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ARS Home » Plains Area » Houston, Texas » Children's Nutrition Research Center » Research » Publications at this Location » Publication #381698

Research Project: Metabolic and Epigenetic Regulation of Nutritional Metabolism

Location: Children's Nutrition Research Center

Title: Advancements in research on necrotizing enterocolitis pathogenesis and prevention using pigs

item Burrin, Douglas - Doug
item MARINI, JUAN - Children'S Nutrition Research Center (CNRC)
item PREMKUMAR, MURALIDHAR - Baylor College Of Medicine
item STOLL, BARBARA - Children'S Nutrition Research Center (CNRC)
item SANGILD, PER TORP - Copenhagen University

Submitted to: Book Chapter
Publication Type: Book / Chapter
Publication Acceptance Date: 1/1/2021
Publication Date: 3/15/2021
Citation: Burrin, D.G., Marini, J., Premkumar, M., Stoll, B., Sangild, P. 2021. Advancements in research on necrotizing enterocolitis pathogenesis and prevention using pigs. In: Hackam, D.J. editor. Necrotizing Enterocolitis: Pathogenesis, Diagnosis and Treatment. 1st edition. Boca Raton, FL: CRC Press. p.220-232.

Interpretive Summary:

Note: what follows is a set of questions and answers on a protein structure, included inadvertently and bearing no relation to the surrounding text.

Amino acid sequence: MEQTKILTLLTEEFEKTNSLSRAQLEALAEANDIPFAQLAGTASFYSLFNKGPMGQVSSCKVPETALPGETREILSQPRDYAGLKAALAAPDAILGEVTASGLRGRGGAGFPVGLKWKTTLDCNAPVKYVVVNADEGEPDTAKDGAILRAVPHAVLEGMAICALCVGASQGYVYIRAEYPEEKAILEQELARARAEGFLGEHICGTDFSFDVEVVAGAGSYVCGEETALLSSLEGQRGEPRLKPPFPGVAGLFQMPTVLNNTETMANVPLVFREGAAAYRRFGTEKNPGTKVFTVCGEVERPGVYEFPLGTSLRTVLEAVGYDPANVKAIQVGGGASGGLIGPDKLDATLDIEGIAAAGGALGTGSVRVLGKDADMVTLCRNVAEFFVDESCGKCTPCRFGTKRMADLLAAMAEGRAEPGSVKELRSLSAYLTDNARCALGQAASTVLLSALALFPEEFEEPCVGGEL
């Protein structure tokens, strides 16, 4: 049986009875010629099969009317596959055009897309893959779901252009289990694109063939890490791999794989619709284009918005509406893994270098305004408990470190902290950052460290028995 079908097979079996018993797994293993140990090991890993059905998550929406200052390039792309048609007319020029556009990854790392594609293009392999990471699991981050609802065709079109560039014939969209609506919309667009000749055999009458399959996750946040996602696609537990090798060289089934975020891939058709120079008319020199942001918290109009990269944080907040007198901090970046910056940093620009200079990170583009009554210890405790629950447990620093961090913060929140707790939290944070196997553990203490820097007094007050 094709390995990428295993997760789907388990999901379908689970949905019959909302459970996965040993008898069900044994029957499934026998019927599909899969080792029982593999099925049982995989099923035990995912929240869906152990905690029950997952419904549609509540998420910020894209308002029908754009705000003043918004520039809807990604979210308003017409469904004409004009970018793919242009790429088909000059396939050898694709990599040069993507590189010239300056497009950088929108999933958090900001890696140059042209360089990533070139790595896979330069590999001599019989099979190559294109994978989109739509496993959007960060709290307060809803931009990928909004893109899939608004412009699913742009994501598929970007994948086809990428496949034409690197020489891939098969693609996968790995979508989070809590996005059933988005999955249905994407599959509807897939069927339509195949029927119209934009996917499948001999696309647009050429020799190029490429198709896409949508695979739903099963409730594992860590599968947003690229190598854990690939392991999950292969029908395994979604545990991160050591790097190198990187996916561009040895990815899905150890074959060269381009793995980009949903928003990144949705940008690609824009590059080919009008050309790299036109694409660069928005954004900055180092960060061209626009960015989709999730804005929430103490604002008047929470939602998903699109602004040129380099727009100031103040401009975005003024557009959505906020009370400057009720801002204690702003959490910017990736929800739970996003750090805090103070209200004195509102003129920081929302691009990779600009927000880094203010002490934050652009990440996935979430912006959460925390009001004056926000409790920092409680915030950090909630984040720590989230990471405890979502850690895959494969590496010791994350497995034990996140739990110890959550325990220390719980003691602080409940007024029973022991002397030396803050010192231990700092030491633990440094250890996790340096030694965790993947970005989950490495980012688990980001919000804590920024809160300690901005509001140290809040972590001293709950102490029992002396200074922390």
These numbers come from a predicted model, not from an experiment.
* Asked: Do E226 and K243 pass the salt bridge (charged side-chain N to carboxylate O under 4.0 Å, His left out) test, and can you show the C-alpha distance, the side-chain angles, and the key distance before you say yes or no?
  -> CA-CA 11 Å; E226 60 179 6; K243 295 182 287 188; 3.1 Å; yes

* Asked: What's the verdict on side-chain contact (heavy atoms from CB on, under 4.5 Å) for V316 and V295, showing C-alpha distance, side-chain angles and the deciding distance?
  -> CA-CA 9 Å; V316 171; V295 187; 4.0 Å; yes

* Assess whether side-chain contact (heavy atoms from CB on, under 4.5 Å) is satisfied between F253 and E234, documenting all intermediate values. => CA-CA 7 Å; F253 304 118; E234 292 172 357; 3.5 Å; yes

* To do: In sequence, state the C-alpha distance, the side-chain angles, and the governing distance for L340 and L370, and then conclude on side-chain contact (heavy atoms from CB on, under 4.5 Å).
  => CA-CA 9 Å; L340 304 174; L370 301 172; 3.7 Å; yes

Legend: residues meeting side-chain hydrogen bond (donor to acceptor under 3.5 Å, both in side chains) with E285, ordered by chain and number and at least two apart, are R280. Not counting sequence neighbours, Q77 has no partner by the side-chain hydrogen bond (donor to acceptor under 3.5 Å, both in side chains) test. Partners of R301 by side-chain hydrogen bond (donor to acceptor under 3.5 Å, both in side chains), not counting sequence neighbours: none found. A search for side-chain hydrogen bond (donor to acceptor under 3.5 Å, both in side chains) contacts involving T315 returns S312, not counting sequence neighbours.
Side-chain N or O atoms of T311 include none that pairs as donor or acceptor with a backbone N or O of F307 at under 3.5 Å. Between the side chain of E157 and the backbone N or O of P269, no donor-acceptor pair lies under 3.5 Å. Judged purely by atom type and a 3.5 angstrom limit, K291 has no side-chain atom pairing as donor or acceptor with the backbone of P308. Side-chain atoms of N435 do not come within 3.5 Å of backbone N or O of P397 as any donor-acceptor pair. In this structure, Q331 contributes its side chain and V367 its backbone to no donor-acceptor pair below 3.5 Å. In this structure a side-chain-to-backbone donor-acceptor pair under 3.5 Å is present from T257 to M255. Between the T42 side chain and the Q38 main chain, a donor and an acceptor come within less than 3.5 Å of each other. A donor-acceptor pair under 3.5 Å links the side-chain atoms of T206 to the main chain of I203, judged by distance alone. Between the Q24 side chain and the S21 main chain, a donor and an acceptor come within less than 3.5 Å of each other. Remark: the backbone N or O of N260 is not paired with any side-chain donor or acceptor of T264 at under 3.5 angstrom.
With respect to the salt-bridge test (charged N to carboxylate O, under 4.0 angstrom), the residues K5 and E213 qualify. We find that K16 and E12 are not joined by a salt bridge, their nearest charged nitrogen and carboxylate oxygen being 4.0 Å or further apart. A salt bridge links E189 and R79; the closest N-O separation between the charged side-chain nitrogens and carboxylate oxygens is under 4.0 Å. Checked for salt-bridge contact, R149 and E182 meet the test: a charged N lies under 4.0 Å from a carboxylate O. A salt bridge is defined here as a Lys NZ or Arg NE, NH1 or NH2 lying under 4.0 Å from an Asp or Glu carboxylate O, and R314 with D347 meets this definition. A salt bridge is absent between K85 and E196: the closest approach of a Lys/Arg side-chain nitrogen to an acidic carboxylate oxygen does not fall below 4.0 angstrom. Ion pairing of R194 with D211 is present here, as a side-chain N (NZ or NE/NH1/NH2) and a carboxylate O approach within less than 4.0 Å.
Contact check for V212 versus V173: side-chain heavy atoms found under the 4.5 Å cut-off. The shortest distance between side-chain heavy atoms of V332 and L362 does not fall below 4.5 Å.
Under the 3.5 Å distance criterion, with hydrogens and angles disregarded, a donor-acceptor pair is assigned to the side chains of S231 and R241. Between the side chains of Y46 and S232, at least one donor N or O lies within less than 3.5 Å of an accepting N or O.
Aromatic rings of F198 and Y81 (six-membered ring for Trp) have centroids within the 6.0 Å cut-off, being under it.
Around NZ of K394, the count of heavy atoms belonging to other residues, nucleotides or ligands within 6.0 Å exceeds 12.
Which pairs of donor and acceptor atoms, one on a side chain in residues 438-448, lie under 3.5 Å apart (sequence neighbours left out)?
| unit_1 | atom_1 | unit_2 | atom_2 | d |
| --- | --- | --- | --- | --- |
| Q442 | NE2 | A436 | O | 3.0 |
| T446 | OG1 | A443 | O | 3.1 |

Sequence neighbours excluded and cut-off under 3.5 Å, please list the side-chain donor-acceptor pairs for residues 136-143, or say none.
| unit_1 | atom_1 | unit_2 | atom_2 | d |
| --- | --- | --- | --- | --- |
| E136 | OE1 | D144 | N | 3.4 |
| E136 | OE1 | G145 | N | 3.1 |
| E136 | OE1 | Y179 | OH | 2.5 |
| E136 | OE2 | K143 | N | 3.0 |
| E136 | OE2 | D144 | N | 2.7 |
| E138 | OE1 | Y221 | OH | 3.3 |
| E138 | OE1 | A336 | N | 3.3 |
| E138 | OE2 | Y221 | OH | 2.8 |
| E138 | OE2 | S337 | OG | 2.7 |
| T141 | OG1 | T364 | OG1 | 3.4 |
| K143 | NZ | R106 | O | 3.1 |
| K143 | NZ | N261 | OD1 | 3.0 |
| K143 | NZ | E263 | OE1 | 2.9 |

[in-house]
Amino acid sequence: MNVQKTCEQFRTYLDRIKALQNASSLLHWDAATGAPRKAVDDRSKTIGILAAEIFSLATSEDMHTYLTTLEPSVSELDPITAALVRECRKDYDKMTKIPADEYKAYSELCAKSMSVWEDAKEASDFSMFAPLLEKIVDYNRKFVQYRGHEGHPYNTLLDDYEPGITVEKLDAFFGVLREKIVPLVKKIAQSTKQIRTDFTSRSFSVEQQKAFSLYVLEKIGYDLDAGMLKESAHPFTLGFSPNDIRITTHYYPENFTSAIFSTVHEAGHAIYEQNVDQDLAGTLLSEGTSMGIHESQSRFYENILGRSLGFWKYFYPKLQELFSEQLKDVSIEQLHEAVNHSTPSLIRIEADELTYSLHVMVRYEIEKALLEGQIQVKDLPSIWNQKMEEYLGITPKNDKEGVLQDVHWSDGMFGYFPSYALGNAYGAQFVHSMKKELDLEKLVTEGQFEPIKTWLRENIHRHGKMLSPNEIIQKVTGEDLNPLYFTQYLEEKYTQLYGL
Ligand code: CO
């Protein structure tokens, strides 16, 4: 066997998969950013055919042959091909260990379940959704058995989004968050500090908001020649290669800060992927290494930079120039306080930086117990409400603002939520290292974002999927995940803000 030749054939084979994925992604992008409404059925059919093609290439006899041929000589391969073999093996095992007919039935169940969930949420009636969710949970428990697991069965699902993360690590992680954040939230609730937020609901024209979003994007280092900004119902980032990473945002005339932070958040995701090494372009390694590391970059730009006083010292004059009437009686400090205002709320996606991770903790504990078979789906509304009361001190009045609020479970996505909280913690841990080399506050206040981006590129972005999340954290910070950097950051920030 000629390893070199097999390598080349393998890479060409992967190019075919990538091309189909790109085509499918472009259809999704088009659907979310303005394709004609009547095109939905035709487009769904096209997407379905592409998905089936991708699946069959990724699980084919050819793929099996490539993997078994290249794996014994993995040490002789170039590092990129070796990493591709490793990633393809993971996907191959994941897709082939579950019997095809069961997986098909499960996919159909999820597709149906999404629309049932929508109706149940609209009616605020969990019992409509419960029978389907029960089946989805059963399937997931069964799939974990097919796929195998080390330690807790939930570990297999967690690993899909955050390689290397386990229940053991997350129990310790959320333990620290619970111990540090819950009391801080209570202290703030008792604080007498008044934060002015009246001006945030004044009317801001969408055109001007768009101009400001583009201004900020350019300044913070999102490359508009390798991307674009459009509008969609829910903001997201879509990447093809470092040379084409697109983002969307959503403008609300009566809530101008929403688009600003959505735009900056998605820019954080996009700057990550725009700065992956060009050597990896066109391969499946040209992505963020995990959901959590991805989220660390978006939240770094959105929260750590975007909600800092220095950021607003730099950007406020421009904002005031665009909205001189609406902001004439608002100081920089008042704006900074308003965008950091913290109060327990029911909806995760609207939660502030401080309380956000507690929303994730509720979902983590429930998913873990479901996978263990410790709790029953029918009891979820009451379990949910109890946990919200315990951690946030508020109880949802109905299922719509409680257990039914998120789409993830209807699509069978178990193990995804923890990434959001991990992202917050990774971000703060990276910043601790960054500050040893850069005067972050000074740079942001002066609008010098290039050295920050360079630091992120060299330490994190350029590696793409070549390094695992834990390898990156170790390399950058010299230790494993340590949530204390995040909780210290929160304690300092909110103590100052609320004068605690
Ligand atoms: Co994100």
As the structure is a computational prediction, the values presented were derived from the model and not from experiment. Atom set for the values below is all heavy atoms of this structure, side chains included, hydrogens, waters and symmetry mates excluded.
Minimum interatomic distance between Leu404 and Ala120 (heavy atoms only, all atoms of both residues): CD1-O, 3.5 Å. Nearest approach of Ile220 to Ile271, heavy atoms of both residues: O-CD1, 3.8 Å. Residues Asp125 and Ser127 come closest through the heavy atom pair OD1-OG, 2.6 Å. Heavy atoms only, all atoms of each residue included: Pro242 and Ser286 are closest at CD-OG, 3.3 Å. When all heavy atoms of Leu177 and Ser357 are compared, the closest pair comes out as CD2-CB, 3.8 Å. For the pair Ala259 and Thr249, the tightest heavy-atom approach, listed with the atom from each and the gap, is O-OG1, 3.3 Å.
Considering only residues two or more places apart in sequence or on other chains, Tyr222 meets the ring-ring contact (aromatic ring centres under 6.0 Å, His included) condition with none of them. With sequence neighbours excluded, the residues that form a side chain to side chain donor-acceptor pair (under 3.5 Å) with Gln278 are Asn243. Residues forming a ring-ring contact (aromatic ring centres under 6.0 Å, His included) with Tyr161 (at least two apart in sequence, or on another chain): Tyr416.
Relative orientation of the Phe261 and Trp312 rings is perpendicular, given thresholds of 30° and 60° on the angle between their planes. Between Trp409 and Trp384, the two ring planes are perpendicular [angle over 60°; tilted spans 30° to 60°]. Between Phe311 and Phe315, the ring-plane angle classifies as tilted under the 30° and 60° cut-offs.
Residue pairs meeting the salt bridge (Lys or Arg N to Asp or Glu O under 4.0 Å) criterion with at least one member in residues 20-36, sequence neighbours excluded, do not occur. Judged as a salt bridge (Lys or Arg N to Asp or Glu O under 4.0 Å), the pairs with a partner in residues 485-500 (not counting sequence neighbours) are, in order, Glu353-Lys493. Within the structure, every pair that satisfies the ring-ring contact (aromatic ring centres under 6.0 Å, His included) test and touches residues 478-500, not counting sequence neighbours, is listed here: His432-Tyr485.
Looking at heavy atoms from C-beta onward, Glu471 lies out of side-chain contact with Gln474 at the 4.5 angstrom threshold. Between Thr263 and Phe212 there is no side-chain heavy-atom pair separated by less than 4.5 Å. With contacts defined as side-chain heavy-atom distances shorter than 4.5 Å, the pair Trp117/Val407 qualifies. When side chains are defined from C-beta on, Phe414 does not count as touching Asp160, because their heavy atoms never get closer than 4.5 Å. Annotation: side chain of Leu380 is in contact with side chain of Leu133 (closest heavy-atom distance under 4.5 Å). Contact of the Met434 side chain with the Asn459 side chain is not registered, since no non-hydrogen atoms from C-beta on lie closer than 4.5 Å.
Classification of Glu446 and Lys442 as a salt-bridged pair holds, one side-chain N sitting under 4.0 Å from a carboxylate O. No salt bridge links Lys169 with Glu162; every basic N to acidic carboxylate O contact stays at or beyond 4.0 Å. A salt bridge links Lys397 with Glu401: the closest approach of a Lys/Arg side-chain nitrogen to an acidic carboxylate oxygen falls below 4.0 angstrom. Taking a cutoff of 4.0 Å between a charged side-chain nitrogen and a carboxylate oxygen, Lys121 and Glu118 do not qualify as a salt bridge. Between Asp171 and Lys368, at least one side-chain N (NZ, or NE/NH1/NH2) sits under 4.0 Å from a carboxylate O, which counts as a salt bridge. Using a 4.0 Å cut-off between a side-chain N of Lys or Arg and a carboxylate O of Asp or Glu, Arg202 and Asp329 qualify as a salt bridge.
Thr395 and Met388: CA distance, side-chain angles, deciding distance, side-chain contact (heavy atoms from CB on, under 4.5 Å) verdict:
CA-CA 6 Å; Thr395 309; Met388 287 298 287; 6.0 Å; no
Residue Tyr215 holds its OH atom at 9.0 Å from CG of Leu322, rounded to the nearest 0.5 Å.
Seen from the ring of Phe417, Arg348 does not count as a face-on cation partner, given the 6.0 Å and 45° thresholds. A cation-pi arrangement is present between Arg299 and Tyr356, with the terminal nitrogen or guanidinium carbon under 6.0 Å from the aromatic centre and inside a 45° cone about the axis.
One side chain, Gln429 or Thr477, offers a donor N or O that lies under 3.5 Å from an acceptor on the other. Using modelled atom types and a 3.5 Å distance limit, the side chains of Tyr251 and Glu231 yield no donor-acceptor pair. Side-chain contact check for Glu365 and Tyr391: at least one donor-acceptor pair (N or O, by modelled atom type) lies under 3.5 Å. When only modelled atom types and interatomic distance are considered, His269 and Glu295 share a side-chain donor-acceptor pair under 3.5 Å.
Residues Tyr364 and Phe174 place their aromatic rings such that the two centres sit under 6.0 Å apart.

Technical Abstract: Over the past few decades, strategies in the prevention of necrotizing enterocolitis (NEC), including the avoidance of infant formula, standardized feeding regimens, and infection control, have significantly reduced its incidence. However, due to the improved survival of extremely preterm infants, NEC is still fairly frequent and potentially deadly in the most premature infants. The need to prevent and treat this devastating disease requires models to re-create and study NEC in artificial conditions. In vivo animal models address this limitation by re-creating this disease in a form that is closest to the real disease in preterm infants. Animal models, particularly rodent and piglet models, have been instrumental in discovery and translating our understanding of the disease pathogenesis and prevention of NEC. The piglet has emerged as a major vehicle for NEC research. In part because of the physiological and anatomic similarity to the human premature infant, the premature piglet model of NEC has contributed to our understanding of the disease by revealing, for example, important roles for prebiotics, the intestinal microbiome, intestinal inflammatory signaling, and nutritional aspects of the infant diet, as well as the importance of intestinal perfusion and endothelial signaling. Future studies are expected to extend these findings while also harnessing the advantages of the piglet model as a platform for testing NEC-specific therapies.